A good outing for Anderson today, if we could erase the third inning. Assuming there are no more injuries (!), I actually feel better about the team at this point than I did when they were 4-2, which was the result of good luck and lots of drama. Every starter has pitched well in the past week, injuries notwithstanding, which is a very encouraging sign going forward.

Its still April...say it with me.

Saturday, April 24, 2004

Quick - how many fans out there think that Kevin Appier will have a meaningful impact on this season?

Odds Against a Meaningful Contribution: 10-1
Odds Appier's Season is Over: 3-1

Ape's cameo as a SP notwithstanding, another fine "starting" performance wasted:

J. Gobble (0-0): 6IP, 6H, 0R, 0BB, 1K

Again, its always great to see your young, prized pitching prospects throw well. Taking the long view, I'd rather see Affeldt and Gobble pitch well and lose than see them pitch terrible and the Royals somehow manage to win. Wins will come with good starts, but losses will surely pile up with bad ones. Baseball gold right there, folks!

That being said:

S. Sullivan (2-0): .1 IP, 2H, 3R, 3ER, 1BB, 0K
C. Leskanic (0-2): 1 IP, 1H, 3R, 3ER, 2BB, 1K
D. Reyes (0-0): .1 IP, 0H, 0R, 3BB, 0K

(Reasonable question: why is Dennys Reyes on this team while Jaime Cerda is in AAA?)

SIX walks in 2 innings with a 4-run lead in the eighth inning. I don't reckon that's what you call "winning baseball". Throw a strike! Geez.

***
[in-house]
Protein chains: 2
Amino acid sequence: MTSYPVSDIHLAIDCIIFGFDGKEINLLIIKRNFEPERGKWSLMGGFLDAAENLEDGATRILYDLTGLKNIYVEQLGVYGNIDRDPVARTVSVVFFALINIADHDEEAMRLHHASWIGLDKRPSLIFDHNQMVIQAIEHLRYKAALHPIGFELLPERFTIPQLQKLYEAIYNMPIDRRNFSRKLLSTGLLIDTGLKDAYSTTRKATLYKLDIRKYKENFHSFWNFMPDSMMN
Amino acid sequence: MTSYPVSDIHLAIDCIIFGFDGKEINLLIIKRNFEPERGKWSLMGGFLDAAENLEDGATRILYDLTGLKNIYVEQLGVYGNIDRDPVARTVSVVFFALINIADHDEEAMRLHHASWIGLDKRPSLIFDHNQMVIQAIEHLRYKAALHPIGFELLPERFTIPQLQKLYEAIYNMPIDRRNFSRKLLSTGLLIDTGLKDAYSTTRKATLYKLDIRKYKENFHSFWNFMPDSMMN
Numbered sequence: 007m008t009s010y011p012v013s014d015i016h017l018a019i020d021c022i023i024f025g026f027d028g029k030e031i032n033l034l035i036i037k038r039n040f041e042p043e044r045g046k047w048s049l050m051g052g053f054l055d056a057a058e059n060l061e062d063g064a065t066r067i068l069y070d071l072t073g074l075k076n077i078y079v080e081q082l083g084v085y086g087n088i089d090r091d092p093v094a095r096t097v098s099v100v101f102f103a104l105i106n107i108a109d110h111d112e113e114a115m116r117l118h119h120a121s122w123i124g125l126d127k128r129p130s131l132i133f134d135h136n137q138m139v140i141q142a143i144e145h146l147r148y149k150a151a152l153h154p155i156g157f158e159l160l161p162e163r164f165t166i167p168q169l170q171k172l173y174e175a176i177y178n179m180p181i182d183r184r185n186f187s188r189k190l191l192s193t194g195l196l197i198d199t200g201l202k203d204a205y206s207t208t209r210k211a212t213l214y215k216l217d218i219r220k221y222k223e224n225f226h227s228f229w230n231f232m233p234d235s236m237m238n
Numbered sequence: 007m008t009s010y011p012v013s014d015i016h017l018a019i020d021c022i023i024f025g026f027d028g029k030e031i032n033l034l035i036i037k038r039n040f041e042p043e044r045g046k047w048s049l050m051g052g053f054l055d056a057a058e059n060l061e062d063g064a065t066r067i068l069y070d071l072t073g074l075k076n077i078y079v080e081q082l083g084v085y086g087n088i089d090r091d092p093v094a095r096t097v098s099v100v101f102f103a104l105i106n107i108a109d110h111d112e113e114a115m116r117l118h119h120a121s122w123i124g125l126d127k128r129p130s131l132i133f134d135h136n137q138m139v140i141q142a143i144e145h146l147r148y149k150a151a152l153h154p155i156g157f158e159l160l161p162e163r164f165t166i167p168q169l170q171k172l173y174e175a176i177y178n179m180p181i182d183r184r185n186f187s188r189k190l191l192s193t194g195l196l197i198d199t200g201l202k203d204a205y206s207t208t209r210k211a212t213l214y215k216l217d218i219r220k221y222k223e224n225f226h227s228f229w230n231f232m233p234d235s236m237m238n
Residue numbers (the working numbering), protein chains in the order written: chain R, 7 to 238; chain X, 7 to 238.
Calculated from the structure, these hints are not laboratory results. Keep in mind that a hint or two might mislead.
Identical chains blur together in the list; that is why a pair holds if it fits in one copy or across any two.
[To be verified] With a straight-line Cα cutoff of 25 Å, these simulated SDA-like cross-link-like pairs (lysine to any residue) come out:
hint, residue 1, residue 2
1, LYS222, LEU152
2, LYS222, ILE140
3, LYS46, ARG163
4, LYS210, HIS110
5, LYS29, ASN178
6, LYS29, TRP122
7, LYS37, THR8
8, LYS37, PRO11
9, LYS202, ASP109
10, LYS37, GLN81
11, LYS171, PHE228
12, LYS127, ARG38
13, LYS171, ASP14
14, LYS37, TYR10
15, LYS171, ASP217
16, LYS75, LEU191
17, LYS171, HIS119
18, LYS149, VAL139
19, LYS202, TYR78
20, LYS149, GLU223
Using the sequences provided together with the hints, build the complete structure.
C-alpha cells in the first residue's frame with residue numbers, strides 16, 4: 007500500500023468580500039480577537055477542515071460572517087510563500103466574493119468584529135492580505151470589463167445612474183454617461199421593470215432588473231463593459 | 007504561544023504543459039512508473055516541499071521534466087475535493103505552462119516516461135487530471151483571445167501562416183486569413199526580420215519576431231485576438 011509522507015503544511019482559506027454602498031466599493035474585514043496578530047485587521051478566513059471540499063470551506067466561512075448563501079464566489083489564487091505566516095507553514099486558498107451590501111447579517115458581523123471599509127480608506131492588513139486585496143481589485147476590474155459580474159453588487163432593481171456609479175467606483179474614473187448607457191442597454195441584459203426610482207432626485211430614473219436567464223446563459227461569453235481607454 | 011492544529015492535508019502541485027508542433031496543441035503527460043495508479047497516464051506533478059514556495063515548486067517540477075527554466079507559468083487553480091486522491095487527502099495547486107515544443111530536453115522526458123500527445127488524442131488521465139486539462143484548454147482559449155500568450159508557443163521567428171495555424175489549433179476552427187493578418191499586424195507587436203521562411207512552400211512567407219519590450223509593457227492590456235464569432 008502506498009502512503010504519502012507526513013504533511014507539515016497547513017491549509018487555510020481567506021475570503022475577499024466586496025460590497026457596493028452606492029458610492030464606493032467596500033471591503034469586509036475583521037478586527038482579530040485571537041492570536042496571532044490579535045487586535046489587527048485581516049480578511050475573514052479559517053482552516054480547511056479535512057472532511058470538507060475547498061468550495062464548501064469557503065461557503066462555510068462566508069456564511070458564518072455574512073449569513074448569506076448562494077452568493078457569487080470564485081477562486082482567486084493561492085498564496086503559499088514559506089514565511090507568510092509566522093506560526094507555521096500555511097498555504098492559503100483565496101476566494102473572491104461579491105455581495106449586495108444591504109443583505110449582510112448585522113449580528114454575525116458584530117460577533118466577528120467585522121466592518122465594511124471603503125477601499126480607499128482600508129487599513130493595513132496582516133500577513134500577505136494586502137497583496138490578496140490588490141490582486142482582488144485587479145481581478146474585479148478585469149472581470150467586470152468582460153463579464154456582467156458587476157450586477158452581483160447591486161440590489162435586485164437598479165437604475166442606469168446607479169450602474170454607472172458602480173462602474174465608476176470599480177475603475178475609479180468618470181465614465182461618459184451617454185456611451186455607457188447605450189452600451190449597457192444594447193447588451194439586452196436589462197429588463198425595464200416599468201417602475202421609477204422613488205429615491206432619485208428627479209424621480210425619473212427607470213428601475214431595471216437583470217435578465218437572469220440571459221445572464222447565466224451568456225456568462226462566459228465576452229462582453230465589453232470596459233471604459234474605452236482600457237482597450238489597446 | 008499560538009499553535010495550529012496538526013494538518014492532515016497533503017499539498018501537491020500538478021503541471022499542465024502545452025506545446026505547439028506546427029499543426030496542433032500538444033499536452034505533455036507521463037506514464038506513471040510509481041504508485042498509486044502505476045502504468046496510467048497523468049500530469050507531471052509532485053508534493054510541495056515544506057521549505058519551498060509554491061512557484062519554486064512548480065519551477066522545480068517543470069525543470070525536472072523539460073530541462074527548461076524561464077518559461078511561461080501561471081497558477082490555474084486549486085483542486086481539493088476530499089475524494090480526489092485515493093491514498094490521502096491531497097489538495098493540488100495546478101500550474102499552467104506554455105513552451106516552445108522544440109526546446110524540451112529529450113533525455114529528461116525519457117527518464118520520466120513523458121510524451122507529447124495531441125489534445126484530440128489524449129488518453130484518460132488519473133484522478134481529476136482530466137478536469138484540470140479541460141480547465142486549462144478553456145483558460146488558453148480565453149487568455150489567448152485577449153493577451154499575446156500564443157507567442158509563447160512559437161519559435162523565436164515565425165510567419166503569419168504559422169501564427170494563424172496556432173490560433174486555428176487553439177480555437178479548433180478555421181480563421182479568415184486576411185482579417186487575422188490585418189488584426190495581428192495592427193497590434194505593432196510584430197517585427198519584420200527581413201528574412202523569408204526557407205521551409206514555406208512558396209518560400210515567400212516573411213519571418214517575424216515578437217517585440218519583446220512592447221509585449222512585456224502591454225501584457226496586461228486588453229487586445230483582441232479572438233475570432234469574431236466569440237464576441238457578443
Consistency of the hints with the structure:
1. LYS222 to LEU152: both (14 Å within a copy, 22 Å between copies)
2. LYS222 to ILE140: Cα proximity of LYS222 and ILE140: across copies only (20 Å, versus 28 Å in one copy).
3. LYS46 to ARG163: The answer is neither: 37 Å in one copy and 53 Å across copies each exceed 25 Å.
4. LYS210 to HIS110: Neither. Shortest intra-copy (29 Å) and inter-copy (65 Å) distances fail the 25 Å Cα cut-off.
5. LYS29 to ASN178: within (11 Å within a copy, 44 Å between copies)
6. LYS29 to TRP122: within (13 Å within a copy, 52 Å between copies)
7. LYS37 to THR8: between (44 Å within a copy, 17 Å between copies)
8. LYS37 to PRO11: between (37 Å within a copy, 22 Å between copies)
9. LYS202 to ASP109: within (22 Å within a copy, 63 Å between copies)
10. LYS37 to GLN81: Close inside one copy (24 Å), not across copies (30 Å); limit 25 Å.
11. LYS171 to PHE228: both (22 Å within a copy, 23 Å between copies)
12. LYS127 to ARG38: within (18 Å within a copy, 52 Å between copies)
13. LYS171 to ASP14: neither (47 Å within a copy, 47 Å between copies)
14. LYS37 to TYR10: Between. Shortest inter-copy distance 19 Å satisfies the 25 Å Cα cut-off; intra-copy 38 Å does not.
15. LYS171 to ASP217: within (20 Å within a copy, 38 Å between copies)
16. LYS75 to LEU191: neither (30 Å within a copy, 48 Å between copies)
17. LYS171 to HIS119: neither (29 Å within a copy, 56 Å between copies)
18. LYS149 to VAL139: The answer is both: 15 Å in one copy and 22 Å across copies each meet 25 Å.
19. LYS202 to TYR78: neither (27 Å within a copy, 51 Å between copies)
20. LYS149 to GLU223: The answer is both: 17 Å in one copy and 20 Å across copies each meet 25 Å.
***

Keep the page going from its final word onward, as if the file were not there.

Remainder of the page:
OK, say it with me: I...miss...Mike MacDougal? Swallow. Shudder.

Friday, April 23, 2004

Inhale....exhale. Jeremy's not broken.

J. Affeldt (0-1): 7IP, 2H, 2R, 0ER, 2BB, 4K

Yeah, it stinks that the Royals lost this game because the bullpen (read: Grimsley, who BTW was the worst reliever in the AL last year according to Baseball Prospectus inherited run stats) didn't hold up in the clutch and the offense didn't take advantage of 14 trips on base.

But the most important thing to come out of this game is that Jeremy Affeldt had an effective and a close-to-dominating start. He's still not throwing enough strikes (he's nibbling), but this was an important performance for a guy who didn't fool anyone in his first two starts. He's clearly the key to this season. He needs to emerge as the consistent #1 starter that the Royals have desparately lacked since Ape's first tour of duty all those years ago.

Now, taking recent Royals history into perspective, it is shocking how not one of their highly touted pitching prospects has ever amounted to anything for the Royals or any other team. "There is no such thing as a pitching prospect", but is it too much to ask for ONE LEGITIMATE BIG LEAGUE STARTER to come from our minor league system, either via the draft or via minor league trade? Affeldt, Gobble, and Greinke are promising, but so were Dan Reichert, Jim Pittsley, Chad Durbin, Glendon Rusch, and host of others who tantalized and teased, but never made it - anywhere.

Starting with Ape, lets trace our first round draft picks in the past several years:

Players Drafted in the First Round

1987 - Kevin Appier
1988 - Hugh Walker
1989 - Brent Mayne
1990 - none
1991 - Joe Vitiello
1992 - Jim Pittsley
1992 - Michael Tucker
1993 - Jeff Granger
1994 - Matt Smith
1995 - Juan Lebron
1996 - Dee Brown
1997 - Dan Reichert
1998 - Jeff Austin
1998 - Matt Burch
1999 - Kyle Snyder
1999 - Mike MacDougal
2000 - Mike Stodolka
2001 - Colt Griffin
2002 - Zach Greinke

These top draft picks have produced a grand total of two regular (but marginal) major leaguers, and not one pitcher. Baseball drafts are notoriously unreliable, but many, many great players come from the first round of th draft, and this just underscores the point - in the span of 15 years, shouldn't the Royals minor league system have produced ONE solid major league pitcher?